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The ever-looming threat of a cyberattack may seem oppressive, but there is a lot you can do to prevent your company from being victimized.
From Yahoo to Wendy’s, it wasn’t hard to find news about cybercrime and security breaches in 2016. You could open a newspaper, close your eyes and turn to a random page, and you likely would have found a story about some major Fortune 500 company getting exploited through some unforeseen vulnerability in their IT infrastructure.
People in the security industry joke that there are only two types of companies: those that have been breached and those that just don’t know it yet. While this statement is a bit facetious, the fact of the matter is that cyberattacks are happening more frequently and they are costing businesses even more money to address. Between fines, brand damage, security overhauls and downtime, a major breach can cost companies millions of dollars.
A report from Symantec, a provider of cybersecurity and products and solutions, illustrates the threat from security breaches is still growing rapidly as well. Some of the big statistics include:
For some companies, it’s easy to get into the mindset that a cyberattack is inevitable at this point due to the widespread nature of incidents. However, you need to avoid that mindset at all costs—while some businesses do get breached despite extensive security precautions, many more fall victim due to simple ignorance or negligence. The average cost of a breach for a small business is $86,000, so if you think it’s too expensive to put the necessary precautions in place, think twice.
It’s pivotal you take a proactive approach to managing the security of your company. While this may sound like a daunting task that requires huge budget increases, technological overhauls and sweeping policy changes that could disrupt how your business functions, this couldn’t be further from the truth.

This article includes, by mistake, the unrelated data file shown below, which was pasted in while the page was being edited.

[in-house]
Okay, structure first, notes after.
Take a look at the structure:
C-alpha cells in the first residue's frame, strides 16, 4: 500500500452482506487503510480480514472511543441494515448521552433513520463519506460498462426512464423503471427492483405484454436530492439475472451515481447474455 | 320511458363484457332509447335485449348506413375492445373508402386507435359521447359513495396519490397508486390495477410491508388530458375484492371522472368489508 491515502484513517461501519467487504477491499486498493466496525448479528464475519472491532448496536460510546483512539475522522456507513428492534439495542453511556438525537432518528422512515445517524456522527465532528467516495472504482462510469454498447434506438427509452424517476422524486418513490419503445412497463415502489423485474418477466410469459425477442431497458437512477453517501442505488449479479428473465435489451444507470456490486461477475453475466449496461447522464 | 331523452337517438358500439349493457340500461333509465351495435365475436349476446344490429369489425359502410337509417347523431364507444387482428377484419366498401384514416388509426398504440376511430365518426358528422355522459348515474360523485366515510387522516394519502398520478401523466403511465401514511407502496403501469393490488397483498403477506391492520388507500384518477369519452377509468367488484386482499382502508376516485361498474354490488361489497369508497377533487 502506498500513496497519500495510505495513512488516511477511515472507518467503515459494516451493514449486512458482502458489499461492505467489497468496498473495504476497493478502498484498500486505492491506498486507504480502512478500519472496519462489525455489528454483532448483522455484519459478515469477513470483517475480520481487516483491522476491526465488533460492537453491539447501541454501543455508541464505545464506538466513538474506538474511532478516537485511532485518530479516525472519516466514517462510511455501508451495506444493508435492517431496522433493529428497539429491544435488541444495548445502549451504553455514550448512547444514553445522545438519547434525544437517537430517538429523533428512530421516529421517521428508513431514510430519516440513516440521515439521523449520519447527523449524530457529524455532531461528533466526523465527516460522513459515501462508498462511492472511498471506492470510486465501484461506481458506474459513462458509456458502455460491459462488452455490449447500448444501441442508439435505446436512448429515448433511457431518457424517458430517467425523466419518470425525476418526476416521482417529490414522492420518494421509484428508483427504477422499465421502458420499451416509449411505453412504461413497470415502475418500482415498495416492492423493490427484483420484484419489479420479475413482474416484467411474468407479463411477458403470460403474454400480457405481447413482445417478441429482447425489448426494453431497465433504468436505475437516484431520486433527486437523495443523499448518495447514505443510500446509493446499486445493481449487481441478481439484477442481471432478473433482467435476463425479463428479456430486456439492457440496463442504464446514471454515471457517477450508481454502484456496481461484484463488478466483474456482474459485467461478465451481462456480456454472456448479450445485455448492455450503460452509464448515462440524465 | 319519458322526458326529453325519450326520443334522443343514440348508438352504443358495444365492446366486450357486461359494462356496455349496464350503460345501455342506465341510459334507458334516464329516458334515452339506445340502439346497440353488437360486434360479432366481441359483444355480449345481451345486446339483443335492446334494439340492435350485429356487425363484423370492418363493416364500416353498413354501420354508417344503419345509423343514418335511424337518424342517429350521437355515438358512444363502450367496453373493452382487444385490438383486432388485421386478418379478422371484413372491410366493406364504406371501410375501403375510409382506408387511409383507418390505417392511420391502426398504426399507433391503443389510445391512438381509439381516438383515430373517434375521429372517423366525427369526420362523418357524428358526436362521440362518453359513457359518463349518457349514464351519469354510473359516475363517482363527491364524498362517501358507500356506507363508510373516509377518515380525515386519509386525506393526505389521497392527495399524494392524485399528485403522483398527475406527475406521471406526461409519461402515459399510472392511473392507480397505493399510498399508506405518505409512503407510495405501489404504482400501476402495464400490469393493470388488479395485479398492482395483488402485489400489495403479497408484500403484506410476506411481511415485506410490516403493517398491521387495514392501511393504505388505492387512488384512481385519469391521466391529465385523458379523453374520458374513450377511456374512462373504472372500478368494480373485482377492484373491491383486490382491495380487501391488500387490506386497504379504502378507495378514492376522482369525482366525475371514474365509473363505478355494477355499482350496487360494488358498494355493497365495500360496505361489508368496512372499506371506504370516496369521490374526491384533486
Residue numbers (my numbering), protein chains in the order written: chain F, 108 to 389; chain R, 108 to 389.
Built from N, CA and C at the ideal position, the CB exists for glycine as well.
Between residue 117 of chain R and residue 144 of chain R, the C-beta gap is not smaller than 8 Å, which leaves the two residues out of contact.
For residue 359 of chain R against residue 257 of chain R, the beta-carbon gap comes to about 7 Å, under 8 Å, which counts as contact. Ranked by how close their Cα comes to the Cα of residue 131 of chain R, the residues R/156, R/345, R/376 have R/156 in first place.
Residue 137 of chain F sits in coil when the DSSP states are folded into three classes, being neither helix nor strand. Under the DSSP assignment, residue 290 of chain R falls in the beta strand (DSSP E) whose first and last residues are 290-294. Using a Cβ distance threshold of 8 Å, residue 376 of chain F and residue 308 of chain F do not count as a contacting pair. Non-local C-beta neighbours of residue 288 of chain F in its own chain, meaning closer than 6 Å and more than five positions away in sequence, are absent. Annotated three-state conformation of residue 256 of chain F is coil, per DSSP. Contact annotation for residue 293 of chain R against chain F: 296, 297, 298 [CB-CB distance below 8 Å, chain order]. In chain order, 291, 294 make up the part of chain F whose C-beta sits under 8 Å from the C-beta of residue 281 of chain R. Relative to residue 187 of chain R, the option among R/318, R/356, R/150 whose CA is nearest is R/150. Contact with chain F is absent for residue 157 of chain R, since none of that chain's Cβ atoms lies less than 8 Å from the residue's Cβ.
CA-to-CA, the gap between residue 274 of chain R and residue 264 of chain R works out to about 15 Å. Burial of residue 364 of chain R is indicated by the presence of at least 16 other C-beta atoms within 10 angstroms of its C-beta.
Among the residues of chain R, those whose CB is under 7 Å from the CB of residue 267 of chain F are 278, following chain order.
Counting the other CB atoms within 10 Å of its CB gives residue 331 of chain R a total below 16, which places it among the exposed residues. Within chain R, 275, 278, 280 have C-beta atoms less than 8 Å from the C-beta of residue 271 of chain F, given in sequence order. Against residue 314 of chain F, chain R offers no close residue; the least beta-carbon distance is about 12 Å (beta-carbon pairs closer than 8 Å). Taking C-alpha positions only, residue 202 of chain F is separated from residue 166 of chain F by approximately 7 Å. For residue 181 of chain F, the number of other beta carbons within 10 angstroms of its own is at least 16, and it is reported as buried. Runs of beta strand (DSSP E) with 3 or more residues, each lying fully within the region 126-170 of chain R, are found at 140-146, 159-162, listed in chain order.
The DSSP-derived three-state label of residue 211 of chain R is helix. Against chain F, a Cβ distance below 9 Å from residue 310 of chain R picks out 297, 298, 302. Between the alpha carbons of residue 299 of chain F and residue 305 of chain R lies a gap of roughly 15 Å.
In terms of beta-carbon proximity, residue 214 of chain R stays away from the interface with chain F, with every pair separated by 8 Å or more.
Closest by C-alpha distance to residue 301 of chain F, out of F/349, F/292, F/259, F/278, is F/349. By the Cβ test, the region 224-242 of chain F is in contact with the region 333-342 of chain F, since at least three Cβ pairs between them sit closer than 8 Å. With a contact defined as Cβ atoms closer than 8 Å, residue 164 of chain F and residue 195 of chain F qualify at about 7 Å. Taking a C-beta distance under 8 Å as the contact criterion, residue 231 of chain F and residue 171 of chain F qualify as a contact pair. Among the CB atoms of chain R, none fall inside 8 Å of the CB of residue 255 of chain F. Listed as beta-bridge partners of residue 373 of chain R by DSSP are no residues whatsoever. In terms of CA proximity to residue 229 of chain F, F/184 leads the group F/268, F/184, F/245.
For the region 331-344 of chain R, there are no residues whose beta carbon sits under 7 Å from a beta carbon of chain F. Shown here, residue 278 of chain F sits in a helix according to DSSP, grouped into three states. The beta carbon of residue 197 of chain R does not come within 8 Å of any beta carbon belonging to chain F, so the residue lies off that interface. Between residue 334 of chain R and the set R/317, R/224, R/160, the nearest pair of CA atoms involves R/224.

Many businesses fall into the trap of putting superficial measures in place and then leaving it at that—effectively, they use $10 locks to protect their million-dollar assets. In most scenarios, security can be improved dramatically by simply spending budget more efficiently and prioritizing key risks more effectively. Businesses often have low-hanging fruit that can be taken care of easily, such as keeping their software and tools updated or deploying basic security policies and best practices.
If you use Progress OpenEdge, there are also specific steps you can take to improve the security of your application. We recently released a whitepaper and held a roundtable, both pertaining to application security, so check them out if you haven’t already and get a jump on your 2017 business security strategy.
Tanya O’Connor is the product marketing manager for Progress OpenEdge. She has over 15+ years of marketing strategy, channel and communications experience in the application development market.
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